We have placed an order for new medium sized Track pants but it looks like it could be several weeks before this can be filled. We do not want students to go cold so if you require some track pants we encourage you to purchase a blue pair that has very little advertising. What we do not want is track pants with the large CCC or Canterbury logo. We are not a sponsor of Canterbury. You will find an alternate pair with the small logo much cheaper and it will fulfil the same purpose.



Looking at this term there are many opportunities for students to become involved in a wide range of activities, in fact there is something for everyone. As teachers are needed to run these activities this often means staff will be out of school. We have a great team of casual staff and we rely on these teachers to fill the void if people are away. I have spoken to the student body on the need to respect our casual staff as they would their permanent teacher. They also need to continue with the learning process and not just think because their regular teacher is away that they can avoid work.



NAPLAN will be conducted next week for students in Years 7 and 9. Parents should have received a letter from the school detailing the timetable for the tests. Mr Hawthorne is our NAPLAN Coordinator and if you have any concerns please direct these to him.


Teacher & Learning

A major focus for teachers over the next two terms will be to develop teaching and learning programs for the new stage 6 courses beginning next year. English, Maths, History and Science will be introduced into the new syllabus for the Preliminary HSC in 2018. Staff have been briefed on the changes and we will be conducting writing days over the next two terms. This is an exciting time as many of the syllabus have not had a major change in over a decade.


Professional Development

On Monday 24th teachers had a Professional learning day on our Academic pastoral care program. Our Principal, Ms Menz began the day by looking at what our students are like today and what the future demographics tell us about our developing society. This was followed by Mr Hawthorne describing the impact of positive psychology as a mechanism for student and staff well being. I led a discussion on teacher-student relationships which was followed by Mrs Pringle, who engaged us in the idea of learning conversations. We will trial the new look pastoral program over the term.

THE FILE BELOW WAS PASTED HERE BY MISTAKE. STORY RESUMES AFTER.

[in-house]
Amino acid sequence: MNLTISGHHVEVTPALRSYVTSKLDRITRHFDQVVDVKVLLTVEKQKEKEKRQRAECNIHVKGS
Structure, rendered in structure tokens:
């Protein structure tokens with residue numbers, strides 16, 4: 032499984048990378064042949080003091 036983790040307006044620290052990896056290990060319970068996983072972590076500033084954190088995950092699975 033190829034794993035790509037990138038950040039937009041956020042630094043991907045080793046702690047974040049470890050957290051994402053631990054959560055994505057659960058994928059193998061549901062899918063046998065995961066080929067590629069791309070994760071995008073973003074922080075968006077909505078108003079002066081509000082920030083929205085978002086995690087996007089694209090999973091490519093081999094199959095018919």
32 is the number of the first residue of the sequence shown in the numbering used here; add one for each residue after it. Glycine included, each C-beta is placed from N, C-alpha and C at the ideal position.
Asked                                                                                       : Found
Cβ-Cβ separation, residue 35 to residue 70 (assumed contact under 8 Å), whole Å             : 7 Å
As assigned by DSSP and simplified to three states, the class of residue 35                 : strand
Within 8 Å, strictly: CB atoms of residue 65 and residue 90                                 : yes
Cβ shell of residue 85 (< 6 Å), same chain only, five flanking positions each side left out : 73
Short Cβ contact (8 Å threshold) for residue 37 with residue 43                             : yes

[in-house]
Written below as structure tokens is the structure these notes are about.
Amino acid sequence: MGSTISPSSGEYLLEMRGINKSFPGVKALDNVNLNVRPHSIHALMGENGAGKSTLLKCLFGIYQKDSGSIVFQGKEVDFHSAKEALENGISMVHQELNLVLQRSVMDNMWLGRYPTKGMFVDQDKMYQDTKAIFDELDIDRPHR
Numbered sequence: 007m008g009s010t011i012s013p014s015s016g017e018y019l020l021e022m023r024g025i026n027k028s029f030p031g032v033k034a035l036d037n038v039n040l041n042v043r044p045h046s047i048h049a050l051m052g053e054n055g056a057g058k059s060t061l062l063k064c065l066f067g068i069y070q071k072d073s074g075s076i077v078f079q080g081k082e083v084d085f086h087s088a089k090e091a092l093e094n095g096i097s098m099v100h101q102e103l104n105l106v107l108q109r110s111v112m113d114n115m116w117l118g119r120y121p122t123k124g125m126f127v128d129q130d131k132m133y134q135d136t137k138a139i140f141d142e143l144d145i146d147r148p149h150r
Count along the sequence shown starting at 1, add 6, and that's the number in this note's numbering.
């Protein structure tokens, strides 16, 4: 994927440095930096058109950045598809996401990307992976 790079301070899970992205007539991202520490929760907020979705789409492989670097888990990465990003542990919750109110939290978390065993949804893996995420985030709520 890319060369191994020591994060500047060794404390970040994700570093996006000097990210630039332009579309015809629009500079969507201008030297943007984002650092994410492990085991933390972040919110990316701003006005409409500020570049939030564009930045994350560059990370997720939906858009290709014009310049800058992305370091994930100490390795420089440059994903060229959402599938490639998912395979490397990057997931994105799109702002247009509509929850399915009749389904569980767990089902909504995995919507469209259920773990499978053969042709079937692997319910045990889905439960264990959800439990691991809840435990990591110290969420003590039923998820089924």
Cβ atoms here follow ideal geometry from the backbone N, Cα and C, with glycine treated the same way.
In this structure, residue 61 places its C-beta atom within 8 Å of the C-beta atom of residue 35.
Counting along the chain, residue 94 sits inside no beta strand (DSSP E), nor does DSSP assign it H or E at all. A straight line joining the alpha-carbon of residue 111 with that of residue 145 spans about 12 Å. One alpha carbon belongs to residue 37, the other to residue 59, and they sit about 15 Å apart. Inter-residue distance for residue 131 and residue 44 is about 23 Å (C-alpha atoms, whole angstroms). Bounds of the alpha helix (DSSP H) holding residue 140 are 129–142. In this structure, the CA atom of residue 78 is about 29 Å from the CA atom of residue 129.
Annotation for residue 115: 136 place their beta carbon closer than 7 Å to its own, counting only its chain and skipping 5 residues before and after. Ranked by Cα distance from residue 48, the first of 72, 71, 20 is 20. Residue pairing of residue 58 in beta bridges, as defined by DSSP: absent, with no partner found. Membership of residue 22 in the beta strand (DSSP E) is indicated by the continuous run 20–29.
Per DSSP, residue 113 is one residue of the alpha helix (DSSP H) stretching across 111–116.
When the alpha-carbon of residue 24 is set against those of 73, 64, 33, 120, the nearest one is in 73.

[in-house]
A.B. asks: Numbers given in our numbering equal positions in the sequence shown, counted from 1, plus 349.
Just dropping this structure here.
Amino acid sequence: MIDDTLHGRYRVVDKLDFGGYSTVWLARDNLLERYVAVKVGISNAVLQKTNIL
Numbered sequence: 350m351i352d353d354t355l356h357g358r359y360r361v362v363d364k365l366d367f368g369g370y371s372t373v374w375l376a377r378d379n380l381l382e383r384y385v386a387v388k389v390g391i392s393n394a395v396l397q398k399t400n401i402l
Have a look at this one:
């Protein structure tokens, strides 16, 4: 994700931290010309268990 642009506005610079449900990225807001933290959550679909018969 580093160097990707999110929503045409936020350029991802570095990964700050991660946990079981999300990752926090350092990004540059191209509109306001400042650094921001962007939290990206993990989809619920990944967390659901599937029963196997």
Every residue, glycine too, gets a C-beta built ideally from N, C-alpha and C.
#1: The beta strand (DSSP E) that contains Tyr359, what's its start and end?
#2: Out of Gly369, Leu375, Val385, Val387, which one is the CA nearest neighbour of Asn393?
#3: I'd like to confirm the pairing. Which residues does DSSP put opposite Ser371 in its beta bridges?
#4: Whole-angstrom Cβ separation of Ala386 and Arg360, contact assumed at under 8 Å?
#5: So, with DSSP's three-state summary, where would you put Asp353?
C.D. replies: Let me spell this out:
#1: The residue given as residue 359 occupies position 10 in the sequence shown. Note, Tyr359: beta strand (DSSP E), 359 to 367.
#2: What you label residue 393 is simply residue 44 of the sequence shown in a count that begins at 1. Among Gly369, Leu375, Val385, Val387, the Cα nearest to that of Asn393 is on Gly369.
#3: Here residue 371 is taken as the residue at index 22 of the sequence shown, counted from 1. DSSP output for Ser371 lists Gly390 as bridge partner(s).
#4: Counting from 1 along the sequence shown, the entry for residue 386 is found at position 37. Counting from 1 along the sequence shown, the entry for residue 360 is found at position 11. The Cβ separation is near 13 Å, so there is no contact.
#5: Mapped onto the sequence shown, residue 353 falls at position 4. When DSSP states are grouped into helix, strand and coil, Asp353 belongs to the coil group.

Dates to Remember

9 May - NAPLAN

10 May - Year 12 SHARP, NAPLAN

12 May - Year 8 Math Day, NAPLAN

16 May - Netball Gala Day, Eisteddfod Night,

16 May - Year 12 Parent/Teacher interviews

17 May - CCC Hockey, Year 8 Mass

18 May -  CCC Hockey, NSW CCC Rugby League

19 May - CCC Hockey, NSW CCC Rugby League

19 May  - Mini Muddies Wauchope




Thank you

Simon Fleming



The Ascension

The Ascension Thursday (5/5) is the Feast of the Ascension. This solemnity commemorates Jesus’ ascension into heaven, forty days after his resurrection. This solemnity is held on the Thursday before the 7th Sunday in Easter. In days gone by, it was a holy day of obligation.

The story is found in the Acts of the Apostles 1:9-11. After he said this, he was taken up before their very eyes and a cloud hid him from their sight. They were looking intently up into the sky as he was going, when suddenly two men dressed in white stood beside them.

“Men of Galilee,” they said, “why do you stand here looking into the sky? This same Jesus, who has been taken from you into heaven, will come back in the same way you have seen him go into heaven.”








Let us pray [that the risen Christ will lead us to eternal life] God our Father, make us joyful in the ascension of your Son Jesus Christ. May we follow him into the new creation, for his ascension is our glory and our hope. We ask this through our Lord Jesus Christ, your Son who lives and reigns with you and the Holy Spirit, one God, for ever and ever. Amen.


Anzac Liturgy

We commemorated ANZAC Day on Wednesday 26 April by unveiling a plaque in memory of Nursing Sister Mary Eleanor McGlade ('Ellie') as part of our ANZAC Commemorative service in the College Chapel.